January 23, 2007
ITEXPO: First Keynotes Completed
By Greg Galitzine, Group Editorial Director
ITEXPO has begun.
Rich Tehrani, President of TMC (News
) and ITEXPO Conference Chairman, kicked off the conference with some words about what is driving our industry.
But first, in what has become sort of an ITEXPO kickoff tradition, Rich polled the audience to find out who traveled the furthest to attend. Responses showcased a truly international presence, as attendees sounded off from destinations as diverse as Brazil, Russia, South Africa, Switzerland, Midwestern Canada, and other far-flung places.
Addressing the industry drivers, Rich pointed to the fact that there is more money flowing around the telecom space since any time since 2000. Private equity is funding acquisitions, and these acquisitions are changing the landscape of telecom.
Rich also cited several recent high-profile events, and noted that these too would have far-reaching consequences in the coming year:
- AT&T’s (News - Alert) promises to support net neutrality might spur other carriers to act accordingly and hold off on making any incursions on people’s ‘net freedoms.
- Cable companies and the FCC (News - Alert). Will regulations hamper cables growth?
- iPhone. Steve Jobs is a master of creating buzz. Will the new device live up to the hype and what will the net effects of the upcoming deployment be on the enterprise market?
- Unified Communications MS and Nortel are advancing their partnership. Is Unified Communications finally here in a meaningful way?
- Skype (News - Alert) (News - Alert) is charging more money and behaving more and more like a traditional telephone company in that, they are seeking out further revenue streams.
- IMS: 2006 was a year where we saw agreements made, and technology developed. In 2007, we will see if the applications are actually deployed and if service providers will be able to make any money.
With that, Rich handed the ITEXPO keynote microphone to Keith Chappell, Managing Vice President Global Communications Applications at Alcatel (News
)-Lucent Worldwide Services, who spoke about the brave new world of services transformation and the new approaches to delivering blended services over IP
He began with a nod to the way “things used to be.” According to Chappell, “Before we talked about porting over the same old services and using them in the same old way."
“Today, assuming that network transformation has already occurred; we are looking to service transformation. We define services transformation as ‘binding applications to shared network and management resources to deliver a new breed of services with agility.’”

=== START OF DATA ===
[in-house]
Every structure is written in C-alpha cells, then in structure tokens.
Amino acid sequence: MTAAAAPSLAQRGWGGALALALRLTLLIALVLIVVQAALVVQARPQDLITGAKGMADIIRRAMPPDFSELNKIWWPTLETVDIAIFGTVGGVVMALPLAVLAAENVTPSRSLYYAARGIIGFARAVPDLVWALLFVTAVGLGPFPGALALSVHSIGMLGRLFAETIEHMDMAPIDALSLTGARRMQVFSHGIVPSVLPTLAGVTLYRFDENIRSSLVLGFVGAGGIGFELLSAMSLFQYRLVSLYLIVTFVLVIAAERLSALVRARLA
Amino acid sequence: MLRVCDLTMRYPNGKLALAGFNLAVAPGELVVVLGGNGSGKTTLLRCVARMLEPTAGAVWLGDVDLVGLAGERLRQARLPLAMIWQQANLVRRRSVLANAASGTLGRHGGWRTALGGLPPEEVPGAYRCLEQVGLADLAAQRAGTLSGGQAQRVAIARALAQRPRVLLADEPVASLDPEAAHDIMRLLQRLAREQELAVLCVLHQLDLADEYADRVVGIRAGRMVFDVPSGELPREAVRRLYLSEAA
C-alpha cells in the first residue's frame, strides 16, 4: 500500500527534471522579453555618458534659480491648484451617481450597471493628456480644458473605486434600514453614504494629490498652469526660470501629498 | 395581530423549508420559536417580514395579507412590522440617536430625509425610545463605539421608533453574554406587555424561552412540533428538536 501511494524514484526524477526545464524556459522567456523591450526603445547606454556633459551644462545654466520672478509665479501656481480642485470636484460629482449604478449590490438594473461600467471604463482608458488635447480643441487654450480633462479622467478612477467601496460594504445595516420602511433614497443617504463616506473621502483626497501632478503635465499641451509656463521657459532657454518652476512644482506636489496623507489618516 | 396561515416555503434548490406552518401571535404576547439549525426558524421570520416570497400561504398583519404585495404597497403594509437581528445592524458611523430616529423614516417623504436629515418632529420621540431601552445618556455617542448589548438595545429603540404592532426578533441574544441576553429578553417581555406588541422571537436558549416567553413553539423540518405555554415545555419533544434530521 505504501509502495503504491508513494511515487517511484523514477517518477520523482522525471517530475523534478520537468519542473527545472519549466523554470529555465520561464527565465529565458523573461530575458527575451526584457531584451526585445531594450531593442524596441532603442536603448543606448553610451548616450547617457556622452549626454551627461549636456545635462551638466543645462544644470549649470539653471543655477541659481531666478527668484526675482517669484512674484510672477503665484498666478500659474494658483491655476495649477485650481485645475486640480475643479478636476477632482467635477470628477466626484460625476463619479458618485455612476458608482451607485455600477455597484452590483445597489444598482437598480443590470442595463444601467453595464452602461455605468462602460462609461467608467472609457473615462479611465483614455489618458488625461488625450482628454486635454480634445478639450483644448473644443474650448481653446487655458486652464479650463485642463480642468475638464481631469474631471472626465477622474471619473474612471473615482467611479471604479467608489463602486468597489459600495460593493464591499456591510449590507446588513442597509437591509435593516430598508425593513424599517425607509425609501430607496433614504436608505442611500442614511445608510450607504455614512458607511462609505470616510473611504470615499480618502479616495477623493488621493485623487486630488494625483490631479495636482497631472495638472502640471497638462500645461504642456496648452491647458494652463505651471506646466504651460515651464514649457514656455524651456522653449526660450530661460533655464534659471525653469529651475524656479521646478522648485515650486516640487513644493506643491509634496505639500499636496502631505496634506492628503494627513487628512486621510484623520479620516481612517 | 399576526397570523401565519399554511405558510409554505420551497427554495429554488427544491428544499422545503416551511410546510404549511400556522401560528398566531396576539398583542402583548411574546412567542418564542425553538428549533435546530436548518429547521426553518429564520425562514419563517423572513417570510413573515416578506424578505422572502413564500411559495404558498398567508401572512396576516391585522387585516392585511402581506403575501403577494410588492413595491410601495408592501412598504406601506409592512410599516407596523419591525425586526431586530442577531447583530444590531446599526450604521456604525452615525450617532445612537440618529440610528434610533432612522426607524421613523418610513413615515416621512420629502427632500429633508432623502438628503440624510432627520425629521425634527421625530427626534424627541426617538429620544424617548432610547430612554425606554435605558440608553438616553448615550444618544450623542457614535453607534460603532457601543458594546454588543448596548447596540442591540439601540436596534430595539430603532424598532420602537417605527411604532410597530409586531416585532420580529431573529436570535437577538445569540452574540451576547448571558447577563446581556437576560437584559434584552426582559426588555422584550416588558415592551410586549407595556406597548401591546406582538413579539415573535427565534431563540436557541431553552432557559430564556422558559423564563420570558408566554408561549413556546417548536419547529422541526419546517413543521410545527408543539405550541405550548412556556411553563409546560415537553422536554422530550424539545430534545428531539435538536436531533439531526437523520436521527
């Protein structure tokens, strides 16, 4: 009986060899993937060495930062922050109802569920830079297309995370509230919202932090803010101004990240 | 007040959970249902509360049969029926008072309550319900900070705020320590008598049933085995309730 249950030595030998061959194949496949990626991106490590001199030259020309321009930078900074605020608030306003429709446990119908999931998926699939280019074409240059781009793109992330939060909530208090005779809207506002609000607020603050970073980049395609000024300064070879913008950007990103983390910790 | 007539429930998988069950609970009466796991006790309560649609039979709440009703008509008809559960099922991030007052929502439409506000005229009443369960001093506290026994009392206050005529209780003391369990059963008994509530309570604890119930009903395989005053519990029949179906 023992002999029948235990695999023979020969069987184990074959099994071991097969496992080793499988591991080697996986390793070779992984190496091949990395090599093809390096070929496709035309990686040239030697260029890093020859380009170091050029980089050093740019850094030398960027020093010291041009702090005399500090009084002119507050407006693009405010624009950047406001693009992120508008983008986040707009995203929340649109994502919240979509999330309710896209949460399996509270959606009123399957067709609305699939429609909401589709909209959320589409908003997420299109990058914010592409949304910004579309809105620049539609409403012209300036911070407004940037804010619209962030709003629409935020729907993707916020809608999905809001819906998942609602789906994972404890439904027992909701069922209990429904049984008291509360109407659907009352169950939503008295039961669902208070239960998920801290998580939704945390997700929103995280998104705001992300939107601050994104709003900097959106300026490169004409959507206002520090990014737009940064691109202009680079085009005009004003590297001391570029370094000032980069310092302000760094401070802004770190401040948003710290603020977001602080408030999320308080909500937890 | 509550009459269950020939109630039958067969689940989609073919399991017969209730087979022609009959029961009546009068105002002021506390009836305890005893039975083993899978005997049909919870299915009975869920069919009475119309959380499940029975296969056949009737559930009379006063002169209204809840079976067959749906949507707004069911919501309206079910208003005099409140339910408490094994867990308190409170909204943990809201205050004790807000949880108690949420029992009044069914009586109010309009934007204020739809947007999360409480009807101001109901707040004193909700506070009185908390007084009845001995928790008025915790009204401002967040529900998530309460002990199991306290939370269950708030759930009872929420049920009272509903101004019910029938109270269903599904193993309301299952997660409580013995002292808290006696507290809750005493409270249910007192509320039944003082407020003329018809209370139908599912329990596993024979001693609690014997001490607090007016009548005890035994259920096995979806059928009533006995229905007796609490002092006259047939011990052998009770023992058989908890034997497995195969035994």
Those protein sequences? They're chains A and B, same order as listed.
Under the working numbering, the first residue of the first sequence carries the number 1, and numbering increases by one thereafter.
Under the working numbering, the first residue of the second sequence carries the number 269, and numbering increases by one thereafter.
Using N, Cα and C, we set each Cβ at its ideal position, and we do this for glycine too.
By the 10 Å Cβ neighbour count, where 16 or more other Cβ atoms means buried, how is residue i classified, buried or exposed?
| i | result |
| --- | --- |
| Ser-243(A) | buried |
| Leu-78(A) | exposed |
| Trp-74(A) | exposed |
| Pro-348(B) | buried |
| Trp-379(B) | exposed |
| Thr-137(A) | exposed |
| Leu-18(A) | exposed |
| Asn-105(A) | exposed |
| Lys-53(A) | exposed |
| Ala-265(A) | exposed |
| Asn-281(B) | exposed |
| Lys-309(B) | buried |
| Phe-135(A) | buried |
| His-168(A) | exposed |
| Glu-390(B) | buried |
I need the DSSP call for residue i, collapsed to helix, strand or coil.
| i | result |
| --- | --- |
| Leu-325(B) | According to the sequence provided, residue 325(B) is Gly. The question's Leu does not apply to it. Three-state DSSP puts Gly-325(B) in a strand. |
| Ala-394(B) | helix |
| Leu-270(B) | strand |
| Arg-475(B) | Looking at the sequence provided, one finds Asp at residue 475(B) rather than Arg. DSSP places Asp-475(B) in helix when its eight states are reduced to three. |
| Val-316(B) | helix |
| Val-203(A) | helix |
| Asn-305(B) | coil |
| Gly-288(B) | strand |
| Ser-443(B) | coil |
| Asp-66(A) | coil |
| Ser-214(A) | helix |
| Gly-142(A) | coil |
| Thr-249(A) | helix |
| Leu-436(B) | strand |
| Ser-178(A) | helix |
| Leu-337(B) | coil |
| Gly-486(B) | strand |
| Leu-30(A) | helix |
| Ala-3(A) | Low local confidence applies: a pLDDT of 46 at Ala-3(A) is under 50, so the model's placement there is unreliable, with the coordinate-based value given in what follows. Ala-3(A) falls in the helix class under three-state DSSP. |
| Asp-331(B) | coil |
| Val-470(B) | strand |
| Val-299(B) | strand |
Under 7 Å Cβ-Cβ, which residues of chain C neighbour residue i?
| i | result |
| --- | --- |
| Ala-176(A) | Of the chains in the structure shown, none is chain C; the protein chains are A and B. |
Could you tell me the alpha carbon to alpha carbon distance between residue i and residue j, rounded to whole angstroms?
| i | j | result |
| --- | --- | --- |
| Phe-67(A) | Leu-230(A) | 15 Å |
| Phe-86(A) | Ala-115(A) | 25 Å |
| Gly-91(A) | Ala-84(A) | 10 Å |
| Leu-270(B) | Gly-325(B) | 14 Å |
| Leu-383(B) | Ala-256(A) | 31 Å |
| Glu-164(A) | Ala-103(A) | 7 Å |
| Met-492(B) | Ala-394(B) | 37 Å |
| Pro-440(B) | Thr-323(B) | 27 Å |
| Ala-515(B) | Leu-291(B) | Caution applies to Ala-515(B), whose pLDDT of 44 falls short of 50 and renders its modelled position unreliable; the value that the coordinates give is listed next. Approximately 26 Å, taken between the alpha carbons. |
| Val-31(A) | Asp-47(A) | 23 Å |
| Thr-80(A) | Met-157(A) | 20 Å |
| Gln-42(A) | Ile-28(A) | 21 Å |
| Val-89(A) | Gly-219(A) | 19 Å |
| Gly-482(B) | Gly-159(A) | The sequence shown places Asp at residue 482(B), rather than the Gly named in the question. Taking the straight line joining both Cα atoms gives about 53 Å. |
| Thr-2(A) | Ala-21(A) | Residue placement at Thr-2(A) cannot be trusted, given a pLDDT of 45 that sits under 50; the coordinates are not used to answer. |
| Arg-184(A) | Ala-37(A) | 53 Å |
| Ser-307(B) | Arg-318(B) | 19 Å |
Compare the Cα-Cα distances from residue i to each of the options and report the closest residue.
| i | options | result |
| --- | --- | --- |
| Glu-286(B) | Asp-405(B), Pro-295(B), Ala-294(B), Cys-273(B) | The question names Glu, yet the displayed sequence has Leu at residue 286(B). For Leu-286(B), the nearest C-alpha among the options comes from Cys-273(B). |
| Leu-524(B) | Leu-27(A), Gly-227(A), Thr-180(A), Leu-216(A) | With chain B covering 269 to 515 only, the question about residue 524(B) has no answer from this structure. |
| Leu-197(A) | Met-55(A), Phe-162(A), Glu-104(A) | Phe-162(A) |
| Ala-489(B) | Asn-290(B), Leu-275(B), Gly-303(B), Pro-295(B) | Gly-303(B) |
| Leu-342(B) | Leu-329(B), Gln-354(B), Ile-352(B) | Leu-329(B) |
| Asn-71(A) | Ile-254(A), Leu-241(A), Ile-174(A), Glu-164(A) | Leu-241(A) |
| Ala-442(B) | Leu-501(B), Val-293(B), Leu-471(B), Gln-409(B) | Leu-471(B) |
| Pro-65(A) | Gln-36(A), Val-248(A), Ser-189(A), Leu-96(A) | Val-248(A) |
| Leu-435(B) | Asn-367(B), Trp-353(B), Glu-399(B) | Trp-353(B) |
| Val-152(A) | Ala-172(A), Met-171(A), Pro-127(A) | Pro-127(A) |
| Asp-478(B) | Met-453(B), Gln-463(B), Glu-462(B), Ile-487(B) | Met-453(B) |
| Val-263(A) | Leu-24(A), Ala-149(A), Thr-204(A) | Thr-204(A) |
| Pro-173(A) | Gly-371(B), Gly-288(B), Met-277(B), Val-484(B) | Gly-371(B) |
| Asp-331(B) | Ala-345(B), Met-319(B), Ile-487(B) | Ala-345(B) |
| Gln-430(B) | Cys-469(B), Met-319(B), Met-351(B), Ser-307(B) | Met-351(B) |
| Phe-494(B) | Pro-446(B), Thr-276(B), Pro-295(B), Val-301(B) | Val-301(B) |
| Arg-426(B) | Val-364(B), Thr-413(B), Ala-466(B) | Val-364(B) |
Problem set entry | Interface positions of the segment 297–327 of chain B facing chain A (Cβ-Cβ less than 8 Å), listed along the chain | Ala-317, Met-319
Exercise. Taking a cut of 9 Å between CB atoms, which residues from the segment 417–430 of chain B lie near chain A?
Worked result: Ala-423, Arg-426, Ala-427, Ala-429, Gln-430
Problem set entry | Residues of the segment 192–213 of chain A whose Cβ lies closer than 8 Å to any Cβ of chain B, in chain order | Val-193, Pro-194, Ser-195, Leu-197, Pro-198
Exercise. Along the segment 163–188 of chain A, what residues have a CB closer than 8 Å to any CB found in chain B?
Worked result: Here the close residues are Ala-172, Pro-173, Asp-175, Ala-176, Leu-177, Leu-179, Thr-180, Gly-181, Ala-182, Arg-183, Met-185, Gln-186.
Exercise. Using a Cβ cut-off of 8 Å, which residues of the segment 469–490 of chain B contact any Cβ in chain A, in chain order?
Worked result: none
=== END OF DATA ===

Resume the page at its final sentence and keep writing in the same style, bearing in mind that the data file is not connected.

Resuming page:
He went on to describe the four areas that will be critical to this notion of transforming service creation and delivery.
-Service Agility, or the ability to offer access to the wealth of new services.
-Service Personalization: In this new world, increasing levels of personalization will enable much more productivity and creativity.
-Service Blending: This will be a mantra of Alcatel-Lucent going forward. Services are currently not connected in any robust way; they will be more robust if we can connect across these services.
-Quality of Experience: The most important of the four areas. We need to move from acceptable levels of service to an optimal experience, and this all needs to be transparent to the user. Expectations may be low now, but they are rapidly increasing as consumers grow to embrace this new technology
Chappell went on to describe how in the past, networks and services have been siloed.
“Today we have converged networks with services silos. Where we are going," he continued, is “toward a carrier grade service delivery environment that will be able to deliver personalized and blended services.”
“We need to build services in a common framework so we can interconnect them, add personalization, and ensure quality of experience."
Essentially this is about network abstraction, and forming a layer in between application creators and application consumers. Developers can then use an API
or application programming interface to access the service delivery environment.
Chappell went on to speak about his firm’s plans in this space.
Alcatel-Lucent will feature an offering that includes four functional areas:
Service Factory: Application developers will see this ‘factory’ and build to this area. This is a virtual environment dedicated to rapid application creation fully leveraging network resources and an enabler layer, which is described in more detail below. In Alcatel-Lucent’s case, they claim to be open to work with non-proprietary service development kits (SDKs) to enable innovation by service providers and third parties alike.
This layer makes functions and information available across a broad range of applications and possibly across an equally broad range of environments that are today disparate. The policing function in this new framework resides here. One function of this layer is to enable policy-driven blending of services. Security management occurs at this layer as well, enabled by an end-to-end security framework.
This is where we see new and interesting “stuff” to make applications more robust. Chappell pointed out that today’s new application may become tomorrow’s enhancement to newer services. In sum, the service enhancement function enables federation and exploitation of user data and dynamic information to deliver personalization of services.
The last area that Chappell spoke about was the service operations function, which optimizes operational systems to manage blended and personalized services. A different model of services demands a new way of re-engineering service operations, to deliver a new method for managing these new systems.